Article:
JMS: Yes, I mean you had, you know, Eric Qualkenbush, the CIA base chief there in Jeddah, he was, his cover was head of the Political/Economic section. Henry Ensher and Karen Sasahara I am pretty sure, worked for the CIA, and Qualkenbush one time took me aside on the compound and said, Mike, we’ve got this Iranian agent we want in Washington, we really need him there for consultations, make it look good, wink wink, he is coming in for his interview tomorrow. Well, I was surprised at this and when the Iranian guy came to the visa window, he had been to the United States various times before, he had always come back, he had stamps in the passport to prove it, he had a letter showing that he was an official with this oriental rug company in Jeddah, it was a family owned business, he had a list of people he was going to visit in the United States as potential customers or as old customers, he wanted to consult with.
It was basically a clean interview and he answered all my questions to my satisfaction and I thought, Geez, give me more people like him and to this day, I have no idea why Qualkenbush didn’t tell me about the other people that were being sent to me. It would have been a lot simpler, a lot easier and at the time I was dumb enough to probably have said, alright, you want to recruit these guys for the Afghan war against the Soviets, I work for the American government, you work for the American government, I trust my government, I issue the visas, well they never did. I don’t know if this was stupidity, bureaucracy or they thought I have been told what was going on by Walter Cutler in Washington and I just simply refused to get along with the program, I have no idea.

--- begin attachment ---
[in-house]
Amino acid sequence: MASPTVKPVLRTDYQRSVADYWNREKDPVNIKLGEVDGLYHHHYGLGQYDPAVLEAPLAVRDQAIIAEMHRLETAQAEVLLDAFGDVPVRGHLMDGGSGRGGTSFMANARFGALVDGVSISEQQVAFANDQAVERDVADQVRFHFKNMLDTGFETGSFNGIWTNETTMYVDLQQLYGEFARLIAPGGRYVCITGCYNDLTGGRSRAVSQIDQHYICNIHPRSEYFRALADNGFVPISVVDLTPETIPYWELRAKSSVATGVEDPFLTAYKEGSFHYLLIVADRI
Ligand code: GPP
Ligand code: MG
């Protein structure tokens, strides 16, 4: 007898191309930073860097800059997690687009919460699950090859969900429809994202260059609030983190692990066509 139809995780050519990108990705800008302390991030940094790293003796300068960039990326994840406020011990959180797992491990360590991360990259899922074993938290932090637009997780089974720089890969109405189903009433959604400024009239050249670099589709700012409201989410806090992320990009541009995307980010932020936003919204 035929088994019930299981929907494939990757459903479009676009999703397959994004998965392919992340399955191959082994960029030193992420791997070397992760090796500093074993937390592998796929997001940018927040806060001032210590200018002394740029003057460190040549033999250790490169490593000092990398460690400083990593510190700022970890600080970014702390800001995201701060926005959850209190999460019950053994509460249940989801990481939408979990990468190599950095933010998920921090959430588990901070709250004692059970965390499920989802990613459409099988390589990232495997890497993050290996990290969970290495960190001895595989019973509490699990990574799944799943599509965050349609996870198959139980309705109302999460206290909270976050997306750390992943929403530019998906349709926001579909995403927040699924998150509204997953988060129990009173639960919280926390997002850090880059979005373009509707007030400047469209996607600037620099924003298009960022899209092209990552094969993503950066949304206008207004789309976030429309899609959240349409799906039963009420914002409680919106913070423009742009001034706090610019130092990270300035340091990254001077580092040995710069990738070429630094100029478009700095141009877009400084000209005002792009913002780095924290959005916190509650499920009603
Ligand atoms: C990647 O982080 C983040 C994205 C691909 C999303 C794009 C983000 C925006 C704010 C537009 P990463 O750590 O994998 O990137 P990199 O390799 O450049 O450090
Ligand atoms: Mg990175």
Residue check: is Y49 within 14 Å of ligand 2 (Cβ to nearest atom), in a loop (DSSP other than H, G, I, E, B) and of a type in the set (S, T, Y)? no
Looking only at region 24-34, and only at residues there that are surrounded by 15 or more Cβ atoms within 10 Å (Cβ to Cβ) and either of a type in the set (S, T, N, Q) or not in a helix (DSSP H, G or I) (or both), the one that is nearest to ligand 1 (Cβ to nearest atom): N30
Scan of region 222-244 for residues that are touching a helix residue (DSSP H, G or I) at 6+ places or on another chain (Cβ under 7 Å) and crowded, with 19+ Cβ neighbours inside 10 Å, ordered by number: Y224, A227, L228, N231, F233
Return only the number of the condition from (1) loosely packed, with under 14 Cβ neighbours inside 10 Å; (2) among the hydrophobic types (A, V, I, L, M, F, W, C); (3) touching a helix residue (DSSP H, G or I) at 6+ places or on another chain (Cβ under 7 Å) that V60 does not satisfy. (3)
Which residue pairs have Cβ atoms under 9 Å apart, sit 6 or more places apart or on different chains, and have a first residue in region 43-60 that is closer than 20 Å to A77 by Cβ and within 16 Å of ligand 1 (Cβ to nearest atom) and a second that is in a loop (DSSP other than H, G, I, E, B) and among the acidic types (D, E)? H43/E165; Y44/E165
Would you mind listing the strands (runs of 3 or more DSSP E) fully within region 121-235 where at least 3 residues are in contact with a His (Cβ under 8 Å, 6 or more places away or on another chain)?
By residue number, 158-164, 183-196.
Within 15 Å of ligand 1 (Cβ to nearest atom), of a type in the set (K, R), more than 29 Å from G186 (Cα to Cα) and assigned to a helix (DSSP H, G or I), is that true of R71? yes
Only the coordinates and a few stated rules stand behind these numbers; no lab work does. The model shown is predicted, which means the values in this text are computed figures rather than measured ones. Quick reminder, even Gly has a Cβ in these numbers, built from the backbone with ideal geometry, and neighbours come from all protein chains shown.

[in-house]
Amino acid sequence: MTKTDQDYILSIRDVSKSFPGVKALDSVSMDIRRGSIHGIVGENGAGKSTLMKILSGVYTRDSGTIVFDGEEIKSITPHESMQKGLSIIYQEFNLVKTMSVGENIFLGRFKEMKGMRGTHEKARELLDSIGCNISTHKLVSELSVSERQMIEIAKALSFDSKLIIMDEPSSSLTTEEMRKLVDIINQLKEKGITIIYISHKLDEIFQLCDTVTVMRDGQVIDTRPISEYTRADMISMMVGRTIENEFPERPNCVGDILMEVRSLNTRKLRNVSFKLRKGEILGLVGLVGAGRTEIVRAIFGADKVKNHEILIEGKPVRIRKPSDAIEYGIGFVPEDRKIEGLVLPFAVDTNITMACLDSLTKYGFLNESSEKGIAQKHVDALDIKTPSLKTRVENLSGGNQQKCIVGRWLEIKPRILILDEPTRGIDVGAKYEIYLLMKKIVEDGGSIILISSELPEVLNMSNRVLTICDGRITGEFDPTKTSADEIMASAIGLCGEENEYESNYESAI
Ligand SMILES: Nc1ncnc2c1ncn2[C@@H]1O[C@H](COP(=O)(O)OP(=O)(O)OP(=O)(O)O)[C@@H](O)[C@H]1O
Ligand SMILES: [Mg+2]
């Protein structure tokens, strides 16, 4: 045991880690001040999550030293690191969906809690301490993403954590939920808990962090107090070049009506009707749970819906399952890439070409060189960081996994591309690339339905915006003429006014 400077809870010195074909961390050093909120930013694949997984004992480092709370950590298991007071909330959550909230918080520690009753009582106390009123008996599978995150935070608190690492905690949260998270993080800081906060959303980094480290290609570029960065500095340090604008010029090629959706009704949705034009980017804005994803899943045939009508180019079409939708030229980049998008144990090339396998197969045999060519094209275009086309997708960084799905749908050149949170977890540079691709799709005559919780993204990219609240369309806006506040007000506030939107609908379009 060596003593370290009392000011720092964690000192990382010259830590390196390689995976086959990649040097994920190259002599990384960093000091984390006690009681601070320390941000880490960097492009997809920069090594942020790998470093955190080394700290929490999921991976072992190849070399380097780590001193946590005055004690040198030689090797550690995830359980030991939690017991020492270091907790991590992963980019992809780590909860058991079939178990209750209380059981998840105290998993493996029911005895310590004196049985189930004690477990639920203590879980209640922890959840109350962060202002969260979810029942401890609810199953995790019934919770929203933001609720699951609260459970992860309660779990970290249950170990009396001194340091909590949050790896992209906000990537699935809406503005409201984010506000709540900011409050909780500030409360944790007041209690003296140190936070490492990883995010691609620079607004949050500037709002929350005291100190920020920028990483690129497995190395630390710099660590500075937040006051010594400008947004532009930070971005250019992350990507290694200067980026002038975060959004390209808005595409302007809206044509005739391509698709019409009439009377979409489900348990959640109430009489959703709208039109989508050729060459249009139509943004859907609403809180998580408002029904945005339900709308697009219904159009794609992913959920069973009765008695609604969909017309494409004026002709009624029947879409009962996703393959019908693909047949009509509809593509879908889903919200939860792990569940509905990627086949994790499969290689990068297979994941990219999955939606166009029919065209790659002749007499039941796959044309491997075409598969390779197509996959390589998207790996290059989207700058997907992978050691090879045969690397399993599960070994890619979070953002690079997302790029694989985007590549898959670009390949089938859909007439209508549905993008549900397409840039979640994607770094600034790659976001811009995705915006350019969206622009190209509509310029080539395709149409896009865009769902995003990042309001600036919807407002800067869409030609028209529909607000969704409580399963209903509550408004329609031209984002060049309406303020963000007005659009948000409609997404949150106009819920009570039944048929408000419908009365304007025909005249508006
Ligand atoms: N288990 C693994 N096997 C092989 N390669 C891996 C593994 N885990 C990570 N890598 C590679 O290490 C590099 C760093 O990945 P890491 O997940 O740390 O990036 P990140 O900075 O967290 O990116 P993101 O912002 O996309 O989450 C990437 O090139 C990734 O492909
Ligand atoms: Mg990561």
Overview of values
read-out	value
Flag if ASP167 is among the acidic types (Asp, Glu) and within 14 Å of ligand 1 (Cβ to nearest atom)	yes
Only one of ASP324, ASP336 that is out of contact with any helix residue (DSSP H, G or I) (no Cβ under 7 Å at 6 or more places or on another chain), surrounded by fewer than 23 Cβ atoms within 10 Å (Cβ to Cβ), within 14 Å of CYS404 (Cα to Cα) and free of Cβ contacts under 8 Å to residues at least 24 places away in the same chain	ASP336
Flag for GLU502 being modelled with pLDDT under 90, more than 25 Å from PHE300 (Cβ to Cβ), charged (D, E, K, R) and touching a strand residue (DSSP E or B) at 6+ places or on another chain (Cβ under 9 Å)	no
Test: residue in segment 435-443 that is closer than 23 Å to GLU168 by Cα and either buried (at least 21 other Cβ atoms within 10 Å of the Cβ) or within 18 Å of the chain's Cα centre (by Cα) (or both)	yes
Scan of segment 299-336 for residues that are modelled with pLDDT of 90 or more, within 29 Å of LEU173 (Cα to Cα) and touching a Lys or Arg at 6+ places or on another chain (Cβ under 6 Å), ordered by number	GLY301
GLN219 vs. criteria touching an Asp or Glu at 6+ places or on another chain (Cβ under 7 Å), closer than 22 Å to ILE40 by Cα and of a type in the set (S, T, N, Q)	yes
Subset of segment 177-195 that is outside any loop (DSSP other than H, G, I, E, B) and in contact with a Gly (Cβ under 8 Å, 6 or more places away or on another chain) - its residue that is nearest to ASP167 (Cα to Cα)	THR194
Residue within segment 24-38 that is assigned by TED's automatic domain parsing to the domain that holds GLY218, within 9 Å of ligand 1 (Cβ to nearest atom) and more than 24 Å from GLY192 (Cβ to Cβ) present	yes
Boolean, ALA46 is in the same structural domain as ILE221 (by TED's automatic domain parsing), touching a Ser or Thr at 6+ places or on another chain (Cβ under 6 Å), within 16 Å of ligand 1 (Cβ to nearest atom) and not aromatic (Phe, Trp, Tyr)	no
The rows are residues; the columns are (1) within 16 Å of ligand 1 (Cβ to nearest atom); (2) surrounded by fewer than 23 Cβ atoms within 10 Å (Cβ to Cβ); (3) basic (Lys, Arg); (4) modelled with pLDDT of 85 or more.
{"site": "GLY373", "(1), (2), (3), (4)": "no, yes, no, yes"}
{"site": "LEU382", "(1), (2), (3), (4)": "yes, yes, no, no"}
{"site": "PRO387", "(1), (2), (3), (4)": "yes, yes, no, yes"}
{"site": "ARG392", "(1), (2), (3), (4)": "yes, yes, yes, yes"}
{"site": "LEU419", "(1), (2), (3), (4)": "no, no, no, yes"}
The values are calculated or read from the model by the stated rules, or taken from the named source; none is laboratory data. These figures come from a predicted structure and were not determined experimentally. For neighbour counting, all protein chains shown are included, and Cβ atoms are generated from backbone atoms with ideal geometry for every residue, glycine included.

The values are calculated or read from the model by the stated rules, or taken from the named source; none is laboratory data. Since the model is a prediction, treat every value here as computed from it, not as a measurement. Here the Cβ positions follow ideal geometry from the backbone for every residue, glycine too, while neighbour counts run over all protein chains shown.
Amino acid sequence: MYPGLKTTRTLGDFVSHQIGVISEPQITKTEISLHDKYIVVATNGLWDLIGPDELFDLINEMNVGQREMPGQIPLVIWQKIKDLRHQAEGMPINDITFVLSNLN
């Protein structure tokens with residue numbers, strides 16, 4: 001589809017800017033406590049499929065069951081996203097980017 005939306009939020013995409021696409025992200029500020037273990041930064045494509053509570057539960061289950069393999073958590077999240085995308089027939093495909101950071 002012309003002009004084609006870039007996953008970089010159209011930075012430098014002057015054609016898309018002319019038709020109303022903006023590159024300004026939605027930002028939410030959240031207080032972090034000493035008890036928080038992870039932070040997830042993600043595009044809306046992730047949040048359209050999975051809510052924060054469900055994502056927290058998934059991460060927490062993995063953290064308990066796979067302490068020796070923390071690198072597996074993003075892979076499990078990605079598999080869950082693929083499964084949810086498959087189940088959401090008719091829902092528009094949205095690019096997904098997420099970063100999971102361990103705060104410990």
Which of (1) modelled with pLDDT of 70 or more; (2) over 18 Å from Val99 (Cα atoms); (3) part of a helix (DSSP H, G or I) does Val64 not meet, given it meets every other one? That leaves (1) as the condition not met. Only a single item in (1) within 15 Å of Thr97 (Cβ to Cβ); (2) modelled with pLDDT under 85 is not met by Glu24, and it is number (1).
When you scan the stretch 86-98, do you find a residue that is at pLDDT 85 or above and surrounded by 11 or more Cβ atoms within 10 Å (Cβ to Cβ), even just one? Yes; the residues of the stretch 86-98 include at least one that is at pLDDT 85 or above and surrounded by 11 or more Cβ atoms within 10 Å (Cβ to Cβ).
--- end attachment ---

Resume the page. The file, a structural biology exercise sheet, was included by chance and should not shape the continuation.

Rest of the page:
LS: What did you learn about the whole operation in Jeddah later on and how?
JMS: Sure. Well, later on, I was floundering, trying to find a job, I was unemployed for three years and eventually found out I had been blackballed by the State Department, but I was researching an article I was trying to get published on the Middle East and ran across this journalist Joe Trento, who is in Washington, follows national security issues and has written a couple of books on it, and Joe found out that I had been in Jeddah and when I was in Jeddah what I had been doing, and wanted to talk to me and I went and saw him in his office.